In our article Innovation Capture 101, we show how mastering the basics of invention capture can help organisations achieve competitive advantage and long-term business success. The practical tips discussed, though, require a blend of skills to get right.
The quality of a patent can be directly linked to the relationship between in-house attorney and inventor (and outside counsel, if involved). It is quite possible that, without a good rapport, an attorney may find it hard to get the required attention from the inventor. They may miss much of the detail needed to produce a patent application that stands up in front of the EPO, where flexibility post filing is much more limited.
What is the magic mix of best practice, good relationship building, and methodologies to achieve success?
Freddy Thiel, VP of our San Francisco Liaison Office, brings over ten years’ experience working in-house with over 1000 invention submissions reviewed in that time. Here are some key tips in his own words on how to get the most out of your interactions with an inventor.
Gauge the inventor’s knowledge of IP
Explaining what a patent is and talking about the identification of a problem and its solution is the easy part. Timing the explanation to ensure the inventor provides the right level of detail and does not get lost into generalities is the tricky bit.
Don’t lose the momentum of the meeting or waste the inventor’s precious time, especially when dealing with software-based inventions and/or first-time inventors. Let them talk first to gauge their level of understanding of IP and adapt the detail and timing of your explanations accordingly.”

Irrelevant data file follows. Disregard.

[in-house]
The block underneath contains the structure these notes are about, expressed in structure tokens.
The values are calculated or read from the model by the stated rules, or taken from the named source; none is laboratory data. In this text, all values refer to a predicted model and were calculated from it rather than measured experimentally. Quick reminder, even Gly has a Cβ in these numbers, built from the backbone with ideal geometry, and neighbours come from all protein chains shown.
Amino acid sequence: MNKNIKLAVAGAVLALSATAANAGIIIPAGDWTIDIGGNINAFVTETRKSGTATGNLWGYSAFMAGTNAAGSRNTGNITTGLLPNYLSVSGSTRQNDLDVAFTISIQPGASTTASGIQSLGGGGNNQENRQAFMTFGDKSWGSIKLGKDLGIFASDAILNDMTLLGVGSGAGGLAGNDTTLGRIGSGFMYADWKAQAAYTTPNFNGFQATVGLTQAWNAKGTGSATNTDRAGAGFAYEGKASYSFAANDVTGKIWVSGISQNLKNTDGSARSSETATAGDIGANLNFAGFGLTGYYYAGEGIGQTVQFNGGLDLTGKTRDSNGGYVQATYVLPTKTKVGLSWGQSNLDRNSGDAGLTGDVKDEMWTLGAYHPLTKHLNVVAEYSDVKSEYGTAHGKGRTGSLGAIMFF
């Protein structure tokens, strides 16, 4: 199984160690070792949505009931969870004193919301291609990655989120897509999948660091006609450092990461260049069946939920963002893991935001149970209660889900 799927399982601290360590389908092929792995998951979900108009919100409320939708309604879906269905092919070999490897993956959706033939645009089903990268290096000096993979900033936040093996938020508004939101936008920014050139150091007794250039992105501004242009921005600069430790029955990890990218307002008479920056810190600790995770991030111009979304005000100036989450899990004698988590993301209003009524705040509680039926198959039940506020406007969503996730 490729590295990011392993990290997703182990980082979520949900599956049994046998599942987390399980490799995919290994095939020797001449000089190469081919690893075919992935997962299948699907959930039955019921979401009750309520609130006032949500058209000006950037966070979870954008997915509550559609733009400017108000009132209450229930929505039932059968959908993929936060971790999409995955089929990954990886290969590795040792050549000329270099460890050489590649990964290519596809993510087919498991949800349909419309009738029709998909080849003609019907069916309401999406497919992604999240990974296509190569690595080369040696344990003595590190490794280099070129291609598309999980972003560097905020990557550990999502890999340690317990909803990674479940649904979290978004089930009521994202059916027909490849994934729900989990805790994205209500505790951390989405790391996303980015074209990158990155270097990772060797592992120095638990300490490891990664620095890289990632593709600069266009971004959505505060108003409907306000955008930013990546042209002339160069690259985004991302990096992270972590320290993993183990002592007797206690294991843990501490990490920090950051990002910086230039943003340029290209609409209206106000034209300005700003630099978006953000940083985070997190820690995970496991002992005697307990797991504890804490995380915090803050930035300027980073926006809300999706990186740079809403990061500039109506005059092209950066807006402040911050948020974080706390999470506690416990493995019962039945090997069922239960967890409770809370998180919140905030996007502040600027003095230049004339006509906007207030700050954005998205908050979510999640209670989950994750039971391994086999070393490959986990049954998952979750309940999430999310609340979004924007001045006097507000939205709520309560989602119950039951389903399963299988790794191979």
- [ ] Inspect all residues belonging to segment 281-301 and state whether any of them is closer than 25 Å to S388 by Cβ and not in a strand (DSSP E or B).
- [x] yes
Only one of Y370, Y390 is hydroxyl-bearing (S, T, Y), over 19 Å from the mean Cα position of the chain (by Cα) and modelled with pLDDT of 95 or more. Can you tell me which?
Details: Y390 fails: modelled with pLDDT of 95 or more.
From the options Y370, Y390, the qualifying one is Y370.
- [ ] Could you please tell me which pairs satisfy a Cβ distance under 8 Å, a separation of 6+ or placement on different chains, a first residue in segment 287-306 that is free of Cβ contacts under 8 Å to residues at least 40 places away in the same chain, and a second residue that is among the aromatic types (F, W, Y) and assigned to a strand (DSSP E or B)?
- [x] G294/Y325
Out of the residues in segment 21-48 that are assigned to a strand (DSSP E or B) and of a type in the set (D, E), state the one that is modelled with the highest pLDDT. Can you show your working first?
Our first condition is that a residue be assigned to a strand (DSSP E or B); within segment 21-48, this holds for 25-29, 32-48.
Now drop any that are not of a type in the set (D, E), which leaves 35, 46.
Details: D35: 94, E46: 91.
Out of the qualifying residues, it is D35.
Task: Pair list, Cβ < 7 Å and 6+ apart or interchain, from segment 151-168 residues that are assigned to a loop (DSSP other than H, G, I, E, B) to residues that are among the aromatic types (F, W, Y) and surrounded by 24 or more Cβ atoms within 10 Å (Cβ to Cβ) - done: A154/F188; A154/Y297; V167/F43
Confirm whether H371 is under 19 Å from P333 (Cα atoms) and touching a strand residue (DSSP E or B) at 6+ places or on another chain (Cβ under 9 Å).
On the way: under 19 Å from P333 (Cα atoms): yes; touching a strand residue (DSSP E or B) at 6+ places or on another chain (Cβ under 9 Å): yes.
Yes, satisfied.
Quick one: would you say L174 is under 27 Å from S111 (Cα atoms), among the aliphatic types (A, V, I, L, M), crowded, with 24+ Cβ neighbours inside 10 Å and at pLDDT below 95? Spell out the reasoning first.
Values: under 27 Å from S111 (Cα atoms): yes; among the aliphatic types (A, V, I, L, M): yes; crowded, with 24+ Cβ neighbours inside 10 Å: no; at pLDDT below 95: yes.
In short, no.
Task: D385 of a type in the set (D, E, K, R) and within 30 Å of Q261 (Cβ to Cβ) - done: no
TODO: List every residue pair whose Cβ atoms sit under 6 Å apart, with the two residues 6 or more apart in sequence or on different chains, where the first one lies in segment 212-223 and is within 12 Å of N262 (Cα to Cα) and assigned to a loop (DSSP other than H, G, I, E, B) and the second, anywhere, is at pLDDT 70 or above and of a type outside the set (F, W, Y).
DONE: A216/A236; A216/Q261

Sometimes simple is the way forward
Keep asking questions, even ones that may seem obvious. Sometimes obvious questions elicit the best answers.
“I’ve never been afraid of telling an inventor that I know nothing about the tech. Simple questions often lead to finding a key ingredient to the recipe for the perfect invention capture. Sometimes popping a simple question or a remark can lead the inventor to think about the fundamental aspects of the invention, which they may otherwise have been overlooked. Inventors are generally much smarter than the EPO’s “Skilled Person” and often disregard what could end up being patentable inventions.The risk with a simple question is that it could cause the inventors to roll their eyes. You can back up a simple question by pointing out an inconsistency or gap in their discussion of the invention to show your true level of understanding and bring them back on board.”
Strike while the iron is hot
Start drafting the claim as soon as you have a clear idea of the invention. Together with the inventor, produce a draft or tentative claim.
“I like to call this tentative claim a “101 claim”. Use paper, a flip chart or whatever means you have available. Enabling the inventor to “literally see” how the invention is captured can help you agree claim features, define terminology, and highlight if the invention is currently too generic or lacks essential detail.”
Don’t fall off the radar
After an invention capture meeting, keep the inventor in the loop. A prior art search memo will re-open the dialogue with the inventor. It’s an opportunity to work with the inventor to move from a 101 claim to a 102 claim and discuss any relevant prior art found.
“Have another meeting with the inventor, bounce ideas back and forth until you eventually get an agreement on the claimed subject matter. By doing this, you’ll get a better work product out of your counsel thanks to the improved memo and claims, while staying within the confines of a restricted budget.”